Brampton dental hygienist put her clinic on wheels

Brampton dental hygienist put her clinic on wheels

Originally published by the Globe and Mail

Driving down the road one day in 2013, Balbir Sohi found the answer to how she could bring improved oral health to the wider population. Ms. Sohi a dental hygienist and Tor in Brampton, Ont., had recently started a business offering her hygiene and education services to people in their homes, but she found it cumbersome and complex to bring along her equipment. Ahead of her in the traffic that day, she spotted a van and thought: Why not outfit a vehicle to become a travelling hygiene clinic?

Read More

Plan for Perfection - Five tips for writing a better business plan

Plan for Perfection - Five tips for writing a better business plan

Originally published in Air Miles for Small Businesses

Anyone can throw together a business plan using software or online templates, but if your intended plan needs to make big tracks with potential investors and lenders, you need to dig deep and challenge your own assumptions. For qualified advice and a bit of insider savvy, we talked to Barry Sharp, a consultant at AMA Management in Burnaby, B.C., who has helped entrepreneurs craft business plans for over 30 years. Here are his five top tips:

Read More

Profit Should Not be a Dirty Word for Social Entrepreneurs

Profit Should Not be a Dirty Word for Social Entrepreneurs

Originally published in the Globe and Mail.

As Richard Beaumont drove down the highway toward Herman Miller’s head office in Zeeland, Mich., in 2010, he felt equal parts excitement and fear.

If the meeting with the office furniture giant went well, it would likely change the trajectory of his own small business, Toronto-based Green Standards Ltd., a socially conscious company that helps divert old office furniture from the landfill.

“I was absolutely terrified on the way over because the stakes were so high. What that partnership would do for us was obviously monumental,” he says.

It turns out he needn’t have worried. After touring Herman Miller’s corporate headquarters, Mr. Beaumont, his company’s investor and two other team members presented the Green Standards concept to six or seven executive and sales management teams. Put simply, if they formed a partnership, Herman Miller customers – many of which are large Fortune 500 corporations – would pay to have their surplus office waste either donated, sold or recycled and, in return, could generate some great PR, measurable statistics and all.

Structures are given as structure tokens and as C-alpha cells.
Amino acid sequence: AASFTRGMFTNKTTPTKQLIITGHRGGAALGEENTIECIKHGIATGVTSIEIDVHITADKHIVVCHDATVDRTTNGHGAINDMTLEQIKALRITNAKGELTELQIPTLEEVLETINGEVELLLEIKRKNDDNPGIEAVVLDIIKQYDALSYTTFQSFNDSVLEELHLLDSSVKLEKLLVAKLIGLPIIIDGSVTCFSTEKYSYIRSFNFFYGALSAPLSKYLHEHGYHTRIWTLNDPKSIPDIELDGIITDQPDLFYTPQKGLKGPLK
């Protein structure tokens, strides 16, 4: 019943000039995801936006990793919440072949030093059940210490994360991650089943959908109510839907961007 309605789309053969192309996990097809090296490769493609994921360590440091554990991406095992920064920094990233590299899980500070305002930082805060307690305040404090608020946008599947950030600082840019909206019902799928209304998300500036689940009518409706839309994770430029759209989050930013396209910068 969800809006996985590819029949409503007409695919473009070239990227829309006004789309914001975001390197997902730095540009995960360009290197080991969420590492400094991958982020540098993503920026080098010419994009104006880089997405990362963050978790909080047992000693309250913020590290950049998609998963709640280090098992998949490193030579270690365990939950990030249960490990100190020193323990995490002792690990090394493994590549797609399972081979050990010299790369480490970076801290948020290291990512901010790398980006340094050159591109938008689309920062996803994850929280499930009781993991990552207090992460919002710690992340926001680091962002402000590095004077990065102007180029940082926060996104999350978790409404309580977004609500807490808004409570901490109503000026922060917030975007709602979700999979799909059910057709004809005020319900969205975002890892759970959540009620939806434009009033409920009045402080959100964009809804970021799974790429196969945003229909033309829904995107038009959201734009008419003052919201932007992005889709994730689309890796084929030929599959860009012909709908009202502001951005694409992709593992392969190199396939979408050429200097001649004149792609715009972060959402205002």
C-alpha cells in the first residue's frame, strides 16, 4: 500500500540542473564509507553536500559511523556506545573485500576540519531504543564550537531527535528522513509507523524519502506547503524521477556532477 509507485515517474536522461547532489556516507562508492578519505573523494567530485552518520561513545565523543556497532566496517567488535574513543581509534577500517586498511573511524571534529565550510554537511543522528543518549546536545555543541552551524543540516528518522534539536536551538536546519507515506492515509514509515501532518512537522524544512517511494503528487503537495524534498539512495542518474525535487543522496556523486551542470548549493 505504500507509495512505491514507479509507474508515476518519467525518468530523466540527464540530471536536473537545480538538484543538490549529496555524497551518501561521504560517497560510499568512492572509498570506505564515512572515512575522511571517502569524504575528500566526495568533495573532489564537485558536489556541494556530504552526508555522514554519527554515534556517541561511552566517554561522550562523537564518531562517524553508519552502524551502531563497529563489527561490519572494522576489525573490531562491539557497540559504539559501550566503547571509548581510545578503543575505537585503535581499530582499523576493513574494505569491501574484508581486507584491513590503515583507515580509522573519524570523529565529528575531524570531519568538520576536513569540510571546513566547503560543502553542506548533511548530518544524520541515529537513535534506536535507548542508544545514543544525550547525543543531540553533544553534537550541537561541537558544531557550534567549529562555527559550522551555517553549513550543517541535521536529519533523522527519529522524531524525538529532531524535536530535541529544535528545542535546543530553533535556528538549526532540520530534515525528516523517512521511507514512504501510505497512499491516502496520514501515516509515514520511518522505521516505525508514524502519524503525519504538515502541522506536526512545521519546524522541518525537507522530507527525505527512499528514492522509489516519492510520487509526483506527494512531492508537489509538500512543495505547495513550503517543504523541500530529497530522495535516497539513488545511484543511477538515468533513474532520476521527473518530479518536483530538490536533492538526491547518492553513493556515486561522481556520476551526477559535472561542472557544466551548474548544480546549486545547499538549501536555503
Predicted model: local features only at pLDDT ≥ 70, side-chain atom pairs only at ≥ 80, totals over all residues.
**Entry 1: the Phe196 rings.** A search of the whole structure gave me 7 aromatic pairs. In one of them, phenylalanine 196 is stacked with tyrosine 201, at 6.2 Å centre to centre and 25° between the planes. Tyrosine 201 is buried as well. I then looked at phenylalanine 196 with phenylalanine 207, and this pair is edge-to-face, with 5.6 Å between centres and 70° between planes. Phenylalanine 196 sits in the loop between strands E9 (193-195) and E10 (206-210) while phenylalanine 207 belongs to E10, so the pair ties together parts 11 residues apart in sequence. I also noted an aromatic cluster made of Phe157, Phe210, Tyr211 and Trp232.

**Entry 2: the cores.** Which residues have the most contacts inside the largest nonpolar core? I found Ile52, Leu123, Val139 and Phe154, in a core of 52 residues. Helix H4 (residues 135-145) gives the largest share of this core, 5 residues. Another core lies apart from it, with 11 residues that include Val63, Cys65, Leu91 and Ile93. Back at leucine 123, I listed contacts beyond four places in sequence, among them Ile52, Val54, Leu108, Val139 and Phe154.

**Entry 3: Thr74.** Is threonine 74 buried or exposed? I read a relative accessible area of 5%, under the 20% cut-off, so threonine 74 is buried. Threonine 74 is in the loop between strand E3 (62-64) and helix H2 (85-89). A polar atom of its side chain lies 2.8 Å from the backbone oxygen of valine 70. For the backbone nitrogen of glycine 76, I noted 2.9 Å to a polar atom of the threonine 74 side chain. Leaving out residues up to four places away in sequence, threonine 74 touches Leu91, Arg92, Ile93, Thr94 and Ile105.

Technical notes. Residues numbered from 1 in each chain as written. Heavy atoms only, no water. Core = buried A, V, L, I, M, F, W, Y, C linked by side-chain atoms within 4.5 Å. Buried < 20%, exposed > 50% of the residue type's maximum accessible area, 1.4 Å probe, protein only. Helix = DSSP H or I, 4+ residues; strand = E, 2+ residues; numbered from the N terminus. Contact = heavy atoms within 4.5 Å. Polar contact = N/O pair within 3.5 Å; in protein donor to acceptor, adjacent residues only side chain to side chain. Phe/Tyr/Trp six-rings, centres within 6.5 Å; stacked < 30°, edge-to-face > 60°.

They went for it.

Read More

Strategic Location and Family-Friendly Atmosphere Brew Results

Strategic Location and Family-Friendly Atmosphere Brew Results

Originally published in the Globe and Mail.

Freshly crafted beer may be the star item on Yellow Dog Brewing’s product menu, but the Port Moody, B.C., microbrewery serves up much more than tasty ales.

With a prime spot right across from the city’s biggest park and a backyard that includes a patio and picnic area, Yellow Dog Brewing offers customers a great view to enjoy with their beverages.

“Right now we’re the only brewery in the Vancouver area that has a picnic area licence so people can come in, relax at one of our sitting areas and enjoy a glass of beer in a unique atmosphere,” says Melinda Coghill, who founded Yellow Dog Brewing with her husband, Mike. “People are flocking in because they want to sit and relax with a glass of craft beer and watch the train go by.”

Since it opened in the summer, Yellow Dog Brewing has been selling out of its ales week after week. Ms. Coghill says Yellow Dog brews close to 3,000 litres of beer weekly, and the company is usually down to its last keg before the next batch is ready.

Read More

High-Tech Options Replace the Lowly Loyalty Punch Card

Originally published in the Globe and Mail.

For a while, the stamp card was the currency of customer rewards at Presotea Co. Ltd., a bubble tea retailer with 12 locations in the Greater Toronto Area. The system was simple: Card holders got an ink stamp for every bubble tea they bought and were rewarded with a free beverage after so many purchases.

But Presotea’s managers soon realized the stamp card system came with a host of problems and disadvantages. Earlier this year, the company switched to an electronic service that lets customers tap into the loyalty programs of multiple retailers using one digital card.

“It’s so much more efficient than the stamp card, which costs a lot of money for printing, stamps and ink, and we were finding that some staff were giving away stamped cards to their friends and family members,” says Ian Tan, Presotea’s sales and marketing manager.

“Also, we couldn’t really tell how well it was working because we had no way of tracking how many customers had the cards and how often they were coming back.”

Read More
Page 1 of 9